But, this Samaritan saved the Jew who was robbed. The scripture doesn’t say that he was a Jew, but 99% of the people who use that route from Jerusalem to Jericho were Jews so probably, he must have been a Jew. But, it doesn’t really matter whether he was a Jew or not. The people who listened to Jesus were Jewish people, they were all Jews and then Jesus was telling them the people that you despise so much, that person is your neighbour. That’s what Jesus was saying to the Jews. Jesus came to help humanity to overcome all our boundaries and become neighbours to each other. Jesus himself became our neighbour. To be our neighbour, he risked the danger and ultimately, he was crucified. That’s what Jesus did to be our neighbour.
The Hostility Taken Away
Jesus wanted to change people who used to live with hostility to become people now, to live with neighbourly love. From hostility to hospitality. That was the vision of Isaiah. He shall judge between the nations and he shall arbitrary for many people. They shall beat their swords into plowshares and their spears into pruning hooks. Nation shall not lift up sword against nation, neither shall they learn war anymore. That was the vision of Isaiah. No more fighting. We are all neighbours. And Saint Paul captured Jesus’ intention very well when he said, “For he is our peace. In his flesh, he has made both groups into one and has broken down the dividing wall.” That is hostility between us. He got rid of the hostility between us so that we become neighbours with each other, especially to those who are different from us. Especially those who are weak and vulnerable, especially those who are alienated and isolated from society, especially to those who are voiceless. Jesus took out that hostility so that we can be calm neighbours to each other. The only way to be a neighbour is to have mercy. To have mercy. Which of these three do you think was a neighbour to the man who fell into the hands of the robbers? He said, “The one who showed him mercy.” Mercy. This Samaritan, even though he was a Samaritan, he knew what mercy was all about.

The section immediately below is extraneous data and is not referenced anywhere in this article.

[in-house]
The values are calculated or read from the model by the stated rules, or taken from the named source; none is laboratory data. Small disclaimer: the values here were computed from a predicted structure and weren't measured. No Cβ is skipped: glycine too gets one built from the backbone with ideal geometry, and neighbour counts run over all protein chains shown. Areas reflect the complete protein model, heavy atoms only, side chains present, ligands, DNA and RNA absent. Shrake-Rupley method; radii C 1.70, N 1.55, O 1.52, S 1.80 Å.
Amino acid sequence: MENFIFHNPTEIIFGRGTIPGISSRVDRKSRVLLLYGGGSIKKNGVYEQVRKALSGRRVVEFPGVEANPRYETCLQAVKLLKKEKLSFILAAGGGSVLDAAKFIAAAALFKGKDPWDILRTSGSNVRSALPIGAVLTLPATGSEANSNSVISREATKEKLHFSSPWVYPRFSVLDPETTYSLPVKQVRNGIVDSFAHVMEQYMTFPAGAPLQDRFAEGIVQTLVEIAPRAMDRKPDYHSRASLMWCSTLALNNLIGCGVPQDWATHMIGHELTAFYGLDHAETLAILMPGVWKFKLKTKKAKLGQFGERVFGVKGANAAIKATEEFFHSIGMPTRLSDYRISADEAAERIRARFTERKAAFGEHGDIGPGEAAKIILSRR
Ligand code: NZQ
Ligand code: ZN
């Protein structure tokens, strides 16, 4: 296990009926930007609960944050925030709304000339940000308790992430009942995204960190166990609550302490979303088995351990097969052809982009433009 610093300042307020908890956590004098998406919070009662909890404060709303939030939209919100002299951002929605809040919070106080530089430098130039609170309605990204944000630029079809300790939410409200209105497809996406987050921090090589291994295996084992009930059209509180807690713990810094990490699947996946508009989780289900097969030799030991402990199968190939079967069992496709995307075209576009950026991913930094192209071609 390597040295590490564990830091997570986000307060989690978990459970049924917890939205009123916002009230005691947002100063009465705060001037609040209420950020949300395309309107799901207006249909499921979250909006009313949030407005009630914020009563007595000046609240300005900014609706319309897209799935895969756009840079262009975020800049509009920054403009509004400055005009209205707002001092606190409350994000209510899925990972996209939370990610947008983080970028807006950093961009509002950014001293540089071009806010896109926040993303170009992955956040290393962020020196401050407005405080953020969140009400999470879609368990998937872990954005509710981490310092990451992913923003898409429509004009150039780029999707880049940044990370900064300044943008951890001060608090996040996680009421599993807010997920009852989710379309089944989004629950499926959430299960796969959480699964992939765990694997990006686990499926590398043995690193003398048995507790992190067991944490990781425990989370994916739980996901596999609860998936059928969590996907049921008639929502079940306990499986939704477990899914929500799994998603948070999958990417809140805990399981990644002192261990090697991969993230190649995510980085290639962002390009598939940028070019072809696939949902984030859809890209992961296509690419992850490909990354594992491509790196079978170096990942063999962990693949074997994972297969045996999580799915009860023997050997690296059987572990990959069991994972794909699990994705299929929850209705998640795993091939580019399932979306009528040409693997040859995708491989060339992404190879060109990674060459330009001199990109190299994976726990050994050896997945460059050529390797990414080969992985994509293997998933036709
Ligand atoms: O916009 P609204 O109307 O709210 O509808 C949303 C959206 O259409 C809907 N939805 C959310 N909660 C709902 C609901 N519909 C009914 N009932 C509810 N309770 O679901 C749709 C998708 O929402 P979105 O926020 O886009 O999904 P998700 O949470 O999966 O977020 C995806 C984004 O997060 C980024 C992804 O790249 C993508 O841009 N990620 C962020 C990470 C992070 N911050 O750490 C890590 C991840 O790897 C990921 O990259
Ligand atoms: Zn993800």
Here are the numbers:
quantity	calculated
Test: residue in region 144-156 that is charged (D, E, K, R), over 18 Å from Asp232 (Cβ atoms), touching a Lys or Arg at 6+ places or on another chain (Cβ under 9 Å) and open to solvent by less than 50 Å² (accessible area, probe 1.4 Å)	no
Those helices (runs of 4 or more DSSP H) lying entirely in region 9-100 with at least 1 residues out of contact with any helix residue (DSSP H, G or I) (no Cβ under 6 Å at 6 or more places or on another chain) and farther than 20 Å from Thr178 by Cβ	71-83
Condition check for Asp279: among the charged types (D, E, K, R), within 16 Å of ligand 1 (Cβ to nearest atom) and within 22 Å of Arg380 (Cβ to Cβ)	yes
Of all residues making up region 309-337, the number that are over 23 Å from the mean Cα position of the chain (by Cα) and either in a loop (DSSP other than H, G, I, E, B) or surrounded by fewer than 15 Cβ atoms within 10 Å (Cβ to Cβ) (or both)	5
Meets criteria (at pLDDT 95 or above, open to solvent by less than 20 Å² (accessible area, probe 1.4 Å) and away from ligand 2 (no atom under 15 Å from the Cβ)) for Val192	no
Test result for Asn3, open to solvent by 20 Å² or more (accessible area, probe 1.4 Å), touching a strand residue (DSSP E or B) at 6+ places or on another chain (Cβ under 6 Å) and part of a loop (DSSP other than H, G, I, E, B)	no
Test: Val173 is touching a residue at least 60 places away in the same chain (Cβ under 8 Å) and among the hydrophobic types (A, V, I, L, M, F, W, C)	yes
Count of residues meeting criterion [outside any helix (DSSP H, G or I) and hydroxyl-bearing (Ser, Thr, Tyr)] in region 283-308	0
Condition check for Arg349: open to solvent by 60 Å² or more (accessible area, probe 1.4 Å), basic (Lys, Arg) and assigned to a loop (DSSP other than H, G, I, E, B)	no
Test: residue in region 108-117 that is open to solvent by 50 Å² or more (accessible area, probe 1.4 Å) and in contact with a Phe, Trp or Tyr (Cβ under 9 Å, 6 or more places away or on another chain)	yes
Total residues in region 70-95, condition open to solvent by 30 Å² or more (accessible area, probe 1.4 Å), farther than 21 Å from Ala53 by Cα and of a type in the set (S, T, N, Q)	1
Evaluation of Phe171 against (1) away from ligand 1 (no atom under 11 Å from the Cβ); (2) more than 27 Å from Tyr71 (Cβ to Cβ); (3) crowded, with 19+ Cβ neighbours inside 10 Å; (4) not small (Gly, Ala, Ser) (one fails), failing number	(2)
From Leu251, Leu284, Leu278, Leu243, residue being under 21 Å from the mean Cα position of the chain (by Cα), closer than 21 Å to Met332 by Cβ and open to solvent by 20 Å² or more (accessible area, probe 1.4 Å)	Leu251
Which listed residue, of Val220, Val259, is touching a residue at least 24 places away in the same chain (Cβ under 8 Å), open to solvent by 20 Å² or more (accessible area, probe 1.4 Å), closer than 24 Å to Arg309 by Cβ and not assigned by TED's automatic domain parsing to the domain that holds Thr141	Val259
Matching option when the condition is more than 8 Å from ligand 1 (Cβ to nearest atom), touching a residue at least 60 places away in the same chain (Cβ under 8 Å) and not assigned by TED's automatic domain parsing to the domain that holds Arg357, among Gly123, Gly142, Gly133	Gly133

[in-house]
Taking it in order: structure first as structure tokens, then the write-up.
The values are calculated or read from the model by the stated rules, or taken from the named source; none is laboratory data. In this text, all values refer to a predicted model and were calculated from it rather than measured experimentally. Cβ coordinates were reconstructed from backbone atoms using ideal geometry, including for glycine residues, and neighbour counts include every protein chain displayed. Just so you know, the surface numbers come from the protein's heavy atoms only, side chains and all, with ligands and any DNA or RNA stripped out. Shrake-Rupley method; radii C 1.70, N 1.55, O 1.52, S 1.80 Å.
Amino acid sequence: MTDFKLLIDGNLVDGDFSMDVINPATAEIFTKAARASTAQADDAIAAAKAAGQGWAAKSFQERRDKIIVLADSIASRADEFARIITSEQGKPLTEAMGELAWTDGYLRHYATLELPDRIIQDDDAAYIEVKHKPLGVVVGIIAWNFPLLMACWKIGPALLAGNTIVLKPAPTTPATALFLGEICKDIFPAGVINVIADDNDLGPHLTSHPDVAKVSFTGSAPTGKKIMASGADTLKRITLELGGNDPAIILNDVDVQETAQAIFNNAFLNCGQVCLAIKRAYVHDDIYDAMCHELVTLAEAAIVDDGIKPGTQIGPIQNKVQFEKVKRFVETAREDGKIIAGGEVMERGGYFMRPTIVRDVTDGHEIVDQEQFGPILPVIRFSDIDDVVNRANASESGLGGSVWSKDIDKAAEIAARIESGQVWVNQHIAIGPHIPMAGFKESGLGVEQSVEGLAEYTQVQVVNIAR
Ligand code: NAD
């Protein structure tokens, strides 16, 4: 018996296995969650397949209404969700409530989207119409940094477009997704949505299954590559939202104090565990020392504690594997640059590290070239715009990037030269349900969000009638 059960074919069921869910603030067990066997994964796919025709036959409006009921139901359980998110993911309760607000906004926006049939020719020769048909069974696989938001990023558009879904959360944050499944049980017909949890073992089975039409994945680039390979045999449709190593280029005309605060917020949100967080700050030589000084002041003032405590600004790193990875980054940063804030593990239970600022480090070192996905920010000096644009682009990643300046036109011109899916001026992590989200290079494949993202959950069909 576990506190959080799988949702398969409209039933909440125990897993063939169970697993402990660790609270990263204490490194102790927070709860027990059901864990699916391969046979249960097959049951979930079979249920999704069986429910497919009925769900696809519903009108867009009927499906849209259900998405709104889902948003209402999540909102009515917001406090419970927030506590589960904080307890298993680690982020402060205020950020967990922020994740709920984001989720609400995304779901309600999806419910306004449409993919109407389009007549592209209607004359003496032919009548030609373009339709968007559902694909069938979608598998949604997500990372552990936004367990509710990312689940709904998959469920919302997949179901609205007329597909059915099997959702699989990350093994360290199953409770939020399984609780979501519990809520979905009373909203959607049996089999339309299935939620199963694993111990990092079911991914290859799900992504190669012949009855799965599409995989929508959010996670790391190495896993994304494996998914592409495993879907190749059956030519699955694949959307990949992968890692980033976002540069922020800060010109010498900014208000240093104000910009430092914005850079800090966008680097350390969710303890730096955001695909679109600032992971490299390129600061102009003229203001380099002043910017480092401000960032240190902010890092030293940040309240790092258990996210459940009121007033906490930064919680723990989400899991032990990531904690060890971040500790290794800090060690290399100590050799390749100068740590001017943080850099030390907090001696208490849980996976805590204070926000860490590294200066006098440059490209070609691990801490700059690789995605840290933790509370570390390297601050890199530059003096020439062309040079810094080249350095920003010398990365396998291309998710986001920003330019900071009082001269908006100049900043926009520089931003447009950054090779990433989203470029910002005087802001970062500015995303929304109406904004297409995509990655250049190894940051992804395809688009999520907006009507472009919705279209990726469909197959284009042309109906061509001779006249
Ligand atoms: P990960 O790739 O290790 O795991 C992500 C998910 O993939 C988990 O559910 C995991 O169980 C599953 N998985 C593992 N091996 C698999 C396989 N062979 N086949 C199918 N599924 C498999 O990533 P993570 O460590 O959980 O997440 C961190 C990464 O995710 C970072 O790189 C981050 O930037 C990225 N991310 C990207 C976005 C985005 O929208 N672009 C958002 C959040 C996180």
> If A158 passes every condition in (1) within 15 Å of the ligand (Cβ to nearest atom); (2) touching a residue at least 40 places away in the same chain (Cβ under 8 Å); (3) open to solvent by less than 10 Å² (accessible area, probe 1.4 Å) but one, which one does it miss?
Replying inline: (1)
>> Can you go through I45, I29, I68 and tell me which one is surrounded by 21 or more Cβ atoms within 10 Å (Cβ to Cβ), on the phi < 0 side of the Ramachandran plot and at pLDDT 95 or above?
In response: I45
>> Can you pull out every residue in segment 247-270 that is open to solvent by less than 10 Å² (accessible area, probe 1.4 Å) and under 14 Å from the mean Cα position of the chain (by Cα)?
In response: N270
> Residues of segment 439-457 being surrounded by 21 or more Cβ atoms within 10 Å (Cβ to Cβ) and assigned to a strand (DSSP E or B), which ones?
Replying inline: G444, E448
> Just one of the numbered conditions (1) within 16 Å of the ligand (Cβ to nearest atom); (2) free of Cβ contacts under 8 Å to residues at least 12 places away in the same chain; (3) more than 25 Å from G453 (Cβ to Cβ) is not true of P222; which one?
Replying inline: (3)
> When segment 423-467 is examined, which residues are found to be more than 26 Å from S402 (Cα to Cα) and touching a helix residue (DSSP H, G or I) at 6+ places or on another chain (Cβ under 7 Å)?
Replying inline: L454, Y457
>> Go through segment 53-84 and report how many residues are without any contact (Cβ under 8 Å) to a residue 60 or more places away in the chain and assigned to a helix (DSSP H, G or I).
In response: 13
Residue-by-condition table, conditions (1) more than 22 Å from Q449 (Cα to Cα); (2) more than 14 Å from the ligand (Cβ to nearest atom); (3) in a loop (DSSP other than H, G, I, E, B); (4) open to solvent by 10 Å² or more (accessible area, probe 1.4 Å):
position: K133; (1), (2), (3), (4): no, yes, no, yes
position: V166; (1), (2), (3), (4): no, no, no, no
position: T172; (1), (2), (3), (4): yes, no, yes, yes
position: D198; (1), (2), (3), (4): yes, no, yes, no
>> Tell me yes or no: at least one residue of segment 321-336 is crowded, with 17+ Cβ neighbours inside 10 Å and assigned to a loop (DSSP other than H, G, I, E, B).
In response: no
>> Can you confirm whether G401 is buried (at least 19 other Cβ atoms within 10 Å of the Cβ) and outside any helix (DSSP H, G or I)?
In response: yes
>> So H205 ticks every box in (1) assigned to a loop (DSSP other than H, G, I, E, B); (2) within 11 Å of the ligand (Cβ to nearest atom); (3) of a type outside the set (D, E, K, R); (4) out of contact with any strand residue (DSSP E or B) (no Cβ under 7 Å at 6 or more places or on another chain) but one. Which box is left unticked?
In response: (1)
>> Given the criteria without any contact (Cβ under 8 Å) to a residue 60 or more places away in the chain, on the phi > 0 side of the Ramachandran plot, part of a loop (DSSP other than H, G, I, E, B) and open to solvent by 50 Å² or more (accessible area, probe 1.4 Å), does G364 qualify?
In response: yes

To Have An Aching Heart
This is what it says, “But a Samaritan while traveling came near him; and when he saw him, he was moved with pity.” We don’t like the word pity because it’s kind of top-down kind of love, but that’s not what he meant. Here, the pity is an aching heart. An aching heart for the person who was suffering. You don’t see this aching heart anymore in this modern world. We are so different. We are so dull.
The pleasure of the world sometimes really makes our heart dull. We lose the ability to empathize. We lose the ability to feel pain for others’ suffering. We don’t have that aching heart anymore. Having this aching heart is to be a neighbour. When we have this aching heart for each other, we can become neighbours to each other. It doesn’t matter who they are. They don’t have to be lovable people.
God’s Mercy For Us
This merciful heart is possible only when you experience the mercy from God. When you experienced the mercy from God, you know what merciful heart is all about. When God’s mercy is working within you, this merciful heart becomes formed within you. As Simon said eloquently in the beginning, “God’s mercy takes precedence over God’s wrath,” and that is our hope. When we commit sins, maybe God’s wrath may arise. But when we ask for forgiveness, when we repent our sins and ask for forgiveness, all of a sudden God’s mercy takes over and God’s wrath turns into God’s mercy. The greatest attribute of God is mercy. Let us be neighbours, not just to your friends, but look around. Not just in this sanctuary, but look around the society. Who are voiceless? Who are rejected? Who do you not like? Who are you not comfortable with? They are your neighbours. Not only those that you like so much. When you show that mercy to them, you are living out Jesus’ spirit.
Canada and the United States, we are neighbourly countries, but these days, sometimes we forget that we are neighbours. Whether you’re a politician or whoever who is turning hospitality into hostility, they do not uphold Jesus’ spirit. Let us be neighbours. That is our calling.